The Power of the Honky Tonk Mind

Few musicians burdened by the rockabilly yolk manage to transcend it’s implicit limitations, yet local veteran James Intveld has done precisely that. With a extensive track record marked by impressive highs (just get a load of his ace current Have Faith CD) and punishing doses of tragedy (the 1985 death of his brother, who went down in then-bosses Ricky Nelson’s defective DC 3), Intveld’s ceaseless quest, marked by a striking mixture of raw talent and quiet dignity, has allowed the singer-guitarist to attain a level where genuine contemporary expression and honor for country music tradition co-exist as a complementary, natural whole. That’s a hell of balancing act, but Intveld, with his coolly alluring image, low key presentation and high-voltage technical mastery, always makes it look easy. Ultimately, Intveld is driven more by the demanding honky-tonk sacrament then his own ambition, and it’s that unusual surrender of self which allows him to so thoroughly inhabit his chosen musical realm. Long story short: the guy kicks ass.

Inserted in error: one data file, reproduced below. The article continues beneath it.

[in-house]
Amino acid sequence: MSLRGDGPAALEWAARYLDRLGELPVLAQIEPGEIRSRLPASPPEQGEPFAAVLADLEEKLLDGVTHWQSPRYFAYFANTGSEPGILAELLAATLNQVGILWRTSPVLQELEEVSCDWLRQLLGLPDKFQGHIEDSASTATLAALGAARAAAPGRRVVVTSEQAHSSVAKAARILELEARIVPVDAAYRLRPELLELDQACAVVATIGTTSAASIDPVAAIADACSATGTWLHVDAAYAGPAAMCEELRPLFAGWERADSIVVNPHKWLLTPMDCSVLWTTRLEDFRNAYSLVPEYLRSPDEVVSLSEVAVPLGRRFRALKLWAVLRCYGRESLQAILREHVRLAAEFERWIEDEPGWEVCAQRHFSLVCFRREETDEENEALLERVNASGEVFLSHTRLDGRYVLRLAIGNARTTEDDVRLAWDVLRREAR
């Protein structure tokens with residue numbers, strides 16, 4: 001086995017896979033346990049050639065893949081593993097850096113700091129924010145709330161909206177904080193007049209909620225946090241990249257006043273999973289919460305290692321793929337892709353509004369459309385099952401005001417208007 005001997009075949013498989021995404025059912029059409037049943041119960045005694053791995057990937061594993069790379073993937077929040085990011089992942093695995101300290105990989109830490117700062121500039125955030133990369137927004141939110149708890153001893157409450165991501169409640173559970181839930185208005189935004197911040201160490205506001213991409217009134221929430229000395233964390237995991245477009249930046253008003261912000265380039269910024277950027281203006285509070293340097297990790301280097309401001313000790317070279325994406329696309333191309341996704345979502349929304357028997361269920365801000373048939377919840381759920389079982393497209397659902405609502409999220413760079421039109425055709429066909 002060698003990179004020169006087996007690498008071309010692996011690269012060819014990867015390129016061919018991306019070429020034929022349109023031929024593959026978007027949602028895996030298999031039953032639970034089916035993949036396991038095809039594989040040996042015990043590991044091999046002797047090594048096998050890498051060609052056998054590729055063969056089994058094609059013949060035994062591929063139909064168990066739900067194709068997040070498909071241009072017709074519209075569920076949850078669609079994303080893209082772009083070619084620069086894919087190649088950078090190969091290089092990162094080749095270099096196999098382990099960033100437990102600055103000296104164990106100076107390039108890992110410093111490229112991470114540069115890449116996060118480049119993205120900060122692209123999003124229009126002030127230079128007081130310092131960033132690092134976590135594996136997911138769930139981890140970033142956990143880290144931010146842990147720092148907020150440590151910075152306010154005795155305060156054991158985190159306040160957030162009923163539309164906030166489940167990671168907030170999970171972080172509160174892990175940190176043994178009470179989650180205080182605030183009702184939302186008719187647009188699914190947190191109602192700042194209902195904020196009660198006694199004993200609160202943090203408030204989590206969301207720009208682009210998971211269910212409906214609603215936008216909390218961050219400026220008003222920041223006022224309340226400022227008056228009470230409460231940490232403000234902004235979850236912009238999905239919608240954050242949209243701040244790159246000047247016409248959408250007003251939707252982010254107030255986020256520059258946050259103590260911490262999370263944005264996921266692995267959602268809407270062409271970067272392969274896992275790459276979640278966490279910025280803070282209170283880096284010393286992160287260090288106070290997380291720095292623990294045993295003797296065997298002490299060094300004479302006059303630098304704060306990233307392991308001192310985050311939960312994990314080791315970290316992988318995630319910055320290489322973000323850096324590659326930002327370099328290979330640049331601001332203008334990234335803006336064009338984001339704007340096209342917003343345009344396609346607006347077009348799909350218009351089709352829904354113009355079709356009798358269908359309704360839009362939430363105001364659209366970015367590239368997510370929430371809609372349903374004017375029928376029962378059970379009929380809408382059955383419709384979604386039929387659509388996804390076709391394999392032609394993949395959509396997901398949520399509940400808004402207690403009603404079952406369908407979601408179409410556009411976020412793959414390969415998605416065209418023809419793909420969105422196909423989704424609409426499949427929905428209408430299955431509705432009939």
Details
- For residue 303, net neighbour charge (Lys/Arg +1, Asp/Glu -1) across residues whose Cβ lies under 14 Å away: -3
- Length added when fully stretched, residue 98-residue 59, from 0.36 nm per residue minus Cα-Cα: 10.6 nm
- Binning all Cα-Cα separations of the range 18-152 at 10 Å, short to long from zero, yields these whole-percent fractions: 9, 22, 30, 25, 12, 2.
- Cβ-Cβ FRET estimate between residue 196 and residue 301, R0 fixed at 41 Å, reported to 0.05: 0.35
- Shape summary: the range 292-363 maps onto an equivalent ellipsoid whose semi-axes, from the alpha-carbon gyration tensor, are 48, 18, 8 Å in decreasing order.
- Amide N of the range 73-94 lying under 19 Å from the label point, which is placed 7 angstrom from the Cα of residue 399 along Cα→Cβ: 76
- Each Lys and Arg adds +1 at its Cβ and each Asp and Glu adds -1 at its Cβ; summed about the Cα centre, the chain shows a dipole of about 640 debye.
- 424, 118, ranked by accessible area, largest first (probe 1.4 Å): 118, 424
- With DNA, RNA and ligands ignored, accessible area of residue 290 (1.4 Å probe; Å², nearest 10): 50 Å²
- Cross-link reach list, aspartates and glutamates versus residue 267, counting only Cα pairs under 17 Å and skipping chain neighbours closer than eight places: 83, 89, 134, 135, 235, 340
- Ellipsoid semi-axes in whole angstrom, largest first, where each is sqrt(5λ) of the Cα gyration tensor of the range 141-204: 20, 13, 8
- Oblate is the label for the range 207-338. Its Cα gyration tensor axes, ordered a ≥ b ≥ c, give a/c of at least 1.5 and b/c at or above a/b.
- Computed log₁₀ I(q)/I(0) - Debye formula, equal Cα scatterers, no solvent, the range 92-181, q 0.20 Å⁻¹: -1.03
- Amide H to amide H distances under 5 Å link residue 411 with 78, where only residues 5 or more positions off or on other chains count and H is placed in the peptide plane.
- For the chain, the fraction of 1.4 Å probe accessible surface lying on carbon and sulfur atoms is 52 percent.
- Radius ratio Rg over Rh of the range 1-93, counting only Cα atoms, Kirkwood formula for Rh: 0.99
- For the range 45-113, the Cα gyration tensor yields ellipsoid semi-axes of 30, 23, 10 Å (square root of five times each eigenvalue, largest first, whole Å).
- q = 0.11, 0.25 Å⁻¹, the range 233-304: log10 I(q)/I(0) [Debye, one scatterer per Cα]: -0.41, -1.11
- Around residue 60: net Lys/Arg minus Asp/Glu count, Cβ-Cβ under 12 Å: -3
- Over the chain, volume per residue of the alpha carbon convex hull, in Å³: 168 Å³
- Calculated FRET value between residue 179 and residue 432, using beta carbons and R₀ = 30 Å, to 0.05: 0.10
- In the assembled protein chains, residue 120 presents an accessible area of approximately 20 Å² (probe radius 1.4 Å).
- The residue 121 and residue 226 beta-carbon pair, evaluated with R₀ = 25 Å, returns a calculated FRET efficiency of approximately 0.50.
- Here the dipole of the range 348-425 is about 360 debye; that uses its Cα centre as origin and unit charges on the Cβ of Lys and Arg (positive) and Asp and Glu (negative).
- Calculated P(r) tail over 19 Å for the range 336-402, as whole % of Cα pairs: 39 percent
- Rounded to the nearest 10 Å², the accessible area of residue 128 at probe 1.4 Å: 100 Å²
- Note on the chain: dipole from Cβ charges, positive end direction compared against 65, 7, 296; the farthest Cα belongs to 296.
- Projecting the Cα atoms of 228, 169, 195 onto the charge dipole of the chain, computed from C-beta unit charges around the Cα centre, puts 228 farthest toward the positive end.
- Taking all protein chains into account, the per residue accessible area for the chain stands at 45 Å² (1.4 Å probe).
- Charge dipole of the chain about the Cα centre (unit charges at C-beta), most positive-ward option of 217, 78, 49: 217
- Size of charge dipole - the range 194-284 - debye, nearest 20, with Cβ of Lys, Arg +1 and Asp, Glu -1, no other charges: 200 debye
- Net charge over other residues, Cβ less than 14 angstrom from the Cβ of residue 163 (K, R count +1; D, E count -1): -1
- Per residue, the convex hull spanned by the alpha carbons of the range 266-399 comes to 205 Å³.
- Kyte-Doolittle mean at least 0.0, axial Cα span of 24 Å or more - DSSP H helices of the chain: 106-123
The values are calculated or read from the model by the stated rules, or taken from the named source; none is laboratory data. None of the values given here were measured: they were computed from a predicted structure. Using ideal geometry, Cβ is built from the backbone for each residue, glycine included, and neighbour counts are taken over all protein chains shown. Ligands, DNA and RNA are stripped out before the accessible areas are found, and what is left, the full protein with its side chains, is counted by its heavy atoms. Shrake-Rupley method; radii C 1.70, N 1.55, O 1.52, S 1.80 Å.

Sat., Nov. 15, 2008


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